- On affordable, reliable and predictable energy supplies:
Mike Sommers: “The president made that announcement that they were going to release about 50 million barrels of oil from the SPR. But let’s put that in context. The world currently consumes about 100 million barrels of oil every single day. It really is one half of one day of world demand for oil that they’ve put on the market. This really was just a band-aid, even in coordination with other countries. But one thing that we know is that long-term, oil and gas are still going to play a very significant role in our energy future. I do think we have to be realistic about what the energy future looks like. And that means we have to continue to invest in oil and gas. The U.S. is currently about two million barrels down from where it was pre-pandemic. It is our view that the U.S. continues to produce oil and gas in the most environmentally responsible way. We know that demand is still going to be there. The question is where are we going to get that oil and gas? We think it’s better to get it from the United States because we are subject to strict environmental laws and standards.”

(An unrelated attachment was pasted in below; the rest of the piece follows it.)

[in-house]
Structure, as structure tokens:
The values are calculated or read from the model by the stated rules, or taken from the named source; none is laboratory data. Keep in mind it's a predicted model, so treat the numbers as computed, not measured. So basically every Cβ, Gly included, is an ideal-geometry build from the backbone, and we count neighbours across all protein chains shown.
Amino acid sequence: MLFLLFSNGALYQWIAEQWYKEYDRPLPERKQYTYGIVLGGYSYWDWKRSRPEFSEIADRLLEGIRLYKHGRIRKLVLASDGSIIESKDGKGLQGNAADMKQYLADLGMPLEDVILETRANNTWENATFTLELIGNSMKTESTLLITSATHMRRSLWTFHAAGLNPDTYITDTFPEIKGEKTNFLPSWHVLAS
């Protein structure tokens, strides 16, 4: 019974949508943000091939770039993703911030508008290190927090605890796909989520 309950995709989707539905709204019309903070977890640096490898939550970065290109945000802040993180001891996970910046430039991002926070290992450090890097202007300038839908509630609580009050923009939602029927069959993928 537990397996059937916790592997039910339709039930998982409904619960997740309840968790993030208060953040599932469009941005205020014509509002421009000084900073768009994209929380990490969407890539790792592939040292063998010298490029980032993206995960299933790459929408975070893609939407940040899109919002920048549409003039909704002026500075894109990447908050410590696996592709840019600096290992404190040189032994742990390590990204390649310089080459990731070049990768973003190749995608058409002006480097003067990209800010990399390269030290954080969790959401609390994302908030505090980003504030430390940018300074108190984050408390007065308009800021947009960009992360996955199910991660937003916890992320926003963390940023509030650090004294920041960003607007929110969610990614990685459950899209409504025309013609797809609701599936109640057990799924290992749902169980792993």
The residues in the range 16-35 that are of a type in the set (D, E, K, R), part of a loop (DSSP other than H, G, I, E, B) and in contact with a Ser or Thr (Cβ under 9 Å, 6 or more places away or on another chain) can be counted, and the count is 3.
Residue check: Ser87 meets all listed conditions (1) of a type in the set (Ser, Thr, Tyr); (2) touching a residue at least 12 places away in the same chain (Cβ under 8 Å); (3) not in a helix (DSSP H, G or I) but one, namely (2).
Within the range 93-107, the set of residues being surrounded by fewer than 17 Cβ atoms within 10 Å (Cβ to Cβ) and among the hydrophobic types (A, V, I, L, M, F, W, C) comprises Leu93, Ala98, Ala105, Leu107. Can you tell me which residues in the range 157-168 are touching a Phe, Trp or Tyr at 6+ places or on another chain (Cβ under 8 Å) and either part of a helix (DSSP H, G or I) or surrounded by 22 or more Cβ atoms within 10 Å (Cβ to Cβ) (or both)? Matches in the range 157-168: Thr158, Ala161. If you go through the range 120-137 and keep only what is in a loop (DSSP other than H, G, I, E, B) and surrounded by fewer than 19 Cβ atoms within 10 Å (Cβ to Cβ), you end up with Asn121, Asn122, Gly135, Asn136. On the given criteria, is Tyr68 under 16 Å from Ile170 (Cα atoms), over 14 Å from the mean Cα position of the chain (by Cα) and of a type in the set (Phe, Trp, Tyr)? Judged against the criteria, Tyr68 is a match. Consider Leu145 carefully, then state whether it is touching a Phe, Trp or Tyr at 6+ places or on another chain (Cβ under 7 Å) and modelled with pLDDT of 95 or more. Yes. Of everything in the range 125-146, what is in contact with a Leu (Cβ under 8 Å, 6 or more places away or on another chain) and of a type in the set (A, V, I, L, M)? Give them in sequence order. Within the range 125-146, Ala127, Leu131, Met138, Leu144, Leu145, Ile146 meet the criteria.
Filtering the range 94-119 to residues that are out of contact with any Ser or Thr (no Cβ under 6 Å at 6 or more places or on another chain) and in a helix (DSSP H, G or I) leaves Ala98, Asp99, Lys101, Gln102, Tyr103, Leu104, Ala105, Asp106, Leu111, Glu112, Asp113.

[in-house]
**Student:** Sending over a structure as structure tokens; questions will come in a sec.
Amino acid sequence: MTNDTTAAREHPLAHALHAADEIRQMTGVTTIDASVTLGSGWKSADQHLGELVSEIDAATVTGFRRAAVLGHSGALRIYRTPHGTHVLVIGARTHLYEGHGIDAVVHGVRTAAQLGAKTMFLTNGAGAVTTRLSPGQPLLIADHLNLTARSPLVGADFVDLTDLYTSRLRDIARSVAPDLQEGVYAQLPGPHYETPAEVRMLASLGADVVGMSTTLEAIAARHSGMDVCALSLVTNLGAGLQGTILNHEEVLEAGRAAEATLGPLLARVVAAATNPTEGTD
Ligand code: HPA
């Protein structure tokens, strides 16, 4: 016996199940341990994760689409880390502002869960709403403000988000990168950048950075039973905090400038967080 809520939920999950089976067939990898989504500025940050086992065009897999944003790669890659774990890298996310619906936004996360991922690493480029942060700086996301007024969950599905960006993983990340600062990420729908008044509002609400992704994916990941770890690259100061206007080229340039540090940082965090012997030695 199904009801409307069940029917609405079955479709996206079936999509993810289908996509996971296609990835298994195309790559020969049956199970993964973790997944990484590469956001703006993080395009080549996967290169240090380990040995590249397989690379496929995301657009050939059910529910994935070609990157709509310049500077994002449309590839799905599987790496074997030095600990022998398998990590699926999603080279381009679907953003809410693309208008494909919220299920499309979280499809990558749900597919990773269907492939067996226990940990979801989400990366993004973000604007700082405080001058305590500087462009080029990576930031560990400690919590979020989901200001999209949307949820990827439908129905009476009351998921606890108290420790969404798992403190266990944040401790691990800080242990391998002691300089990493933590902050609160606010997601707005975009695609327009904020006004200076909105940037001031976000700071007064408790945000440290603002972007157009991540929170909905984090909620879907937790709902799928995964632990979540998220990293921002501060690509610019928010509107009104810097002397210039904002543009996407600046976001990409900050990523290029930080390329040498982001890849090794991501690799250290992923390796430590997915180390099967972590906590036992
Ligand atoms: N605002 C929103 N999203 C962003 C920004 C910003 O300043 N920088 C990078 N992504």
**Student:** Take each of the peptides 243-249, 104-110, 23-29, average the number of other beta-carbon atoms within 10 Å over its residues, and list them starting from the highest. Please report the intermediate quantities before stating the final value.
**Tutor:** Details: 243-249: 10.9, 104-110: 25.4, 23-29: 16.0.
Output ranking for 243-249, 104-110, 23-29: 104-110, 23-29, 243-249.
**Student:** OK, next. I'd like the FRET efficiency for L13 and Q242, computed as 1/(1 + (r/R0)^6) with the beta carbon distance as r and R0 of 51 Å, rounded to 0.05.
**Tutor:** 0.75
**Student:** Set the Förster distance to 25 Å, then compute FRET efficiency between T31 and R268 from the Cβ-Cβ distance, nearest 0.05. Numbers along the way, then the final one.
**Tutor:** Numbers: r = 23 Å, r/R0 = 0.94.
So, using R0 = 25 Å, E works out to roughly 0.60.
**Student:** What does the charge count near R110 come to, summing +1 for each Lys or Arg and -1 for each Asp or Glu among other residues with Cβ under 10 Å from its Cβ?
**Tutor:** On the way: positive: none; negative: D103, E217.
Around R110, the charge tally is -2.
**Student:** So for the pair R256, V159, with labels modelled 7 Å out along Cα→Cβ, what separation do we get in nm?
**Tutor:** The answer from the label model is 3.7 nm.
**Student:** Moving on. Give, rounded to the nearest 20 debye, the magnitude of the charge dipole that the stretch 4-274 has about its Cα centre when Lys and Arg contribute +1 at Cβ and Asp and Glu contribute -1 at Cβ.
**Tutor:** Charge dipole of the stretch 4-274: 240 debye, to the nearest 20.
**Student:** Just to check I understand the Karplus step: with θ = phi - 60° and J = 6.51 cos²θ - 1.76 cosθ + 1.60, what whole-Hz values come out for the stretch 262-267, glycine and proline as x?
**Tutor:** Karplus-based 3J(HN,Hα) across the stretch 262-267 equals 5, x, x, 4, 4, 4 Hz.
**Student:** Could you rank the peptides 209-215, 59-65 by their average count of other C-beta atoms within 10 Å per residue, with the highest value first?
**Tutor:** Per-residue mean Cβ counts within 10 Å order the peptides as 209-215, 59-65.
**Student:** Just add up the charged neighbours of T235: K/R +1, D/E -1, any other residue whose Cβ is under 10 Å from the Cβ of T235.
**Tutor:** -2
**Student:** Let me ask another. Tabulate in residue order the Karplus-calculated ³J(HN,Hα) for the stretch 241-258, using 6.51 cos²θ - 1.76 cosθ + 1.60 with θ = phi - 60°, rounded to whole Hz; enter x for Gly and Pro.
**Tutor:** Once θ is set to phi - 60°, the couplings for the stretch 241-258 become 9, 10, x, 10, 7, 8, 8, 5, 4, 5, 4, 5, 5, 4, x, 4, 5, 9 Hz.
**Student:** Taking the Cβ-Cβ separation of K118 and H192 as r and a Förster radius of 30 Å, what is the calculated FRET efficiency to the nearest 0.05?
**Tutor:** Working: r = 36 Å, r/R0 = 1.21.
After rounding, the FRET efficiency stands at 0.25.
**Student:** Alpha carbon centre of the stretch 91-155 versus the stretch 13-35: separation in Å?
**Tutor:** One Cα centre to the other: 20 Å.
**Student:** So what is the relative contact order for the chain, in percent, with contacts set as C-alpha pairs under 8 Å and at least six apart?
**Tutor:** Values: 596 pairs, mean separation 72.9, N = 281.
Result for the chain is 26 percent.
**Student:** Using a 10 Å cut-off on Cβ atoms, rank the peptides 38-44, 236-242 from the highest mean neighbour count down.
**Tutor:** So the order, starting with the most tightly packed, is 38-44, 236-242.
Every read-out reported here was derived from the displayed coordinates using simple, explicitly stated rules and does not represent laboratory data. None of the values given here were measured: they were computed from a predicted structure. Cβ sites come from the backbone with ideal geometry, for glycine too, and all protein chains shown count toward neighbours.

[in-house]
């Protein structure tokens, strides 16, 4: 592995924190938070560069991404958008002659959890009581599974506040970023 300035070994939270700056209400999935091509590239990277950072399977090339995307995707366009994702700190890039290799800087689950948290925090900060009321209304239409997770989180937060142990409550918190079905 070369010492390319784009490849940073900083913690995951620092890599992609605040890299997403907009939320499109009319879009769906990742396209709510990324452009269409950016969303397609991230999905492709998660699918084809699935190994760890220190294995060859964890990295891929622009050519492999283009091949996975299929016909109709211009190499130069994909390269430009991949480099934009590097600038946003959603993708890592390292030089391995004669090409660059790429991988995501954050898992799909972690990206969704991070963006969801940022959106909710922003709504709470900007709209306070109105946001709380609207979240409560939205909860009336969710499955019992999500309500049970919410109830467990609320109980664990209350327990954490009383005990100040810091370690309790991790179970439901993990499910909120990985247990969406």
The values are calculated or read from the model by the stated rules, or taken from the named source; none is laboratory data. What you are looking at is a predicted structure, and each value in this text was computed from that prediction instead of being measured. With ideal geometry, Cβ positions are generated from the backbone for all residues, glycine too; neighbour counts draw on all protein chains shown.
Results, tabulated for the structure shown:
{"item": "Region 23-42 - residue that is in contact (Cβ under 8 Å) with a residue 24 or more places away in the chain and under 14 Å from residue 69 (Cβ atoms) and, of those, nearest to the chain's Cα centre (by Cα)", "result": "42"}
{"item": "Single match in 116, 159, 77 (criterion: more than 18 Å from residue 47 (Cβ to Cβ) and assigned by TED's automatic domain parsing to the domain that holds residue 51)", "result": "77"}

Heather Zichal: “In the U.S. today our climate policies run through the tax code. It’s hard enough to build an industry when your certainty is in one and two-year increments based on whether or not the ITC and PTC extensions happen in congress. The Build Back Better [bill] is a game change in that it will provide a decade of certainty and predictability for clean energy companies, something we’ve never had before. It’s going to be very meaningful in terms of jobs creation, meeting climate targets and putting America back in the pole position. We’ve fallen behind other countries when it comes to the manufacturing and deployment of clean energy and America should clearly be number one.”
Watch the complete video at: https://ondemand.ceraweek.com/cwc
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About CERAWeek Conversations:
CERAWeek Conversations features original interviews and discussion with energy industry leaders, government officials and policymakers, leaders from the technology, financial and industrial communities—and energy technology innovators.
The series is produced by the team responsible for the world’s preeminent energy conference, CERAWeek by IHS Markit.
The complete episode library is available at https://ondemand.ceraweek.com/cwc.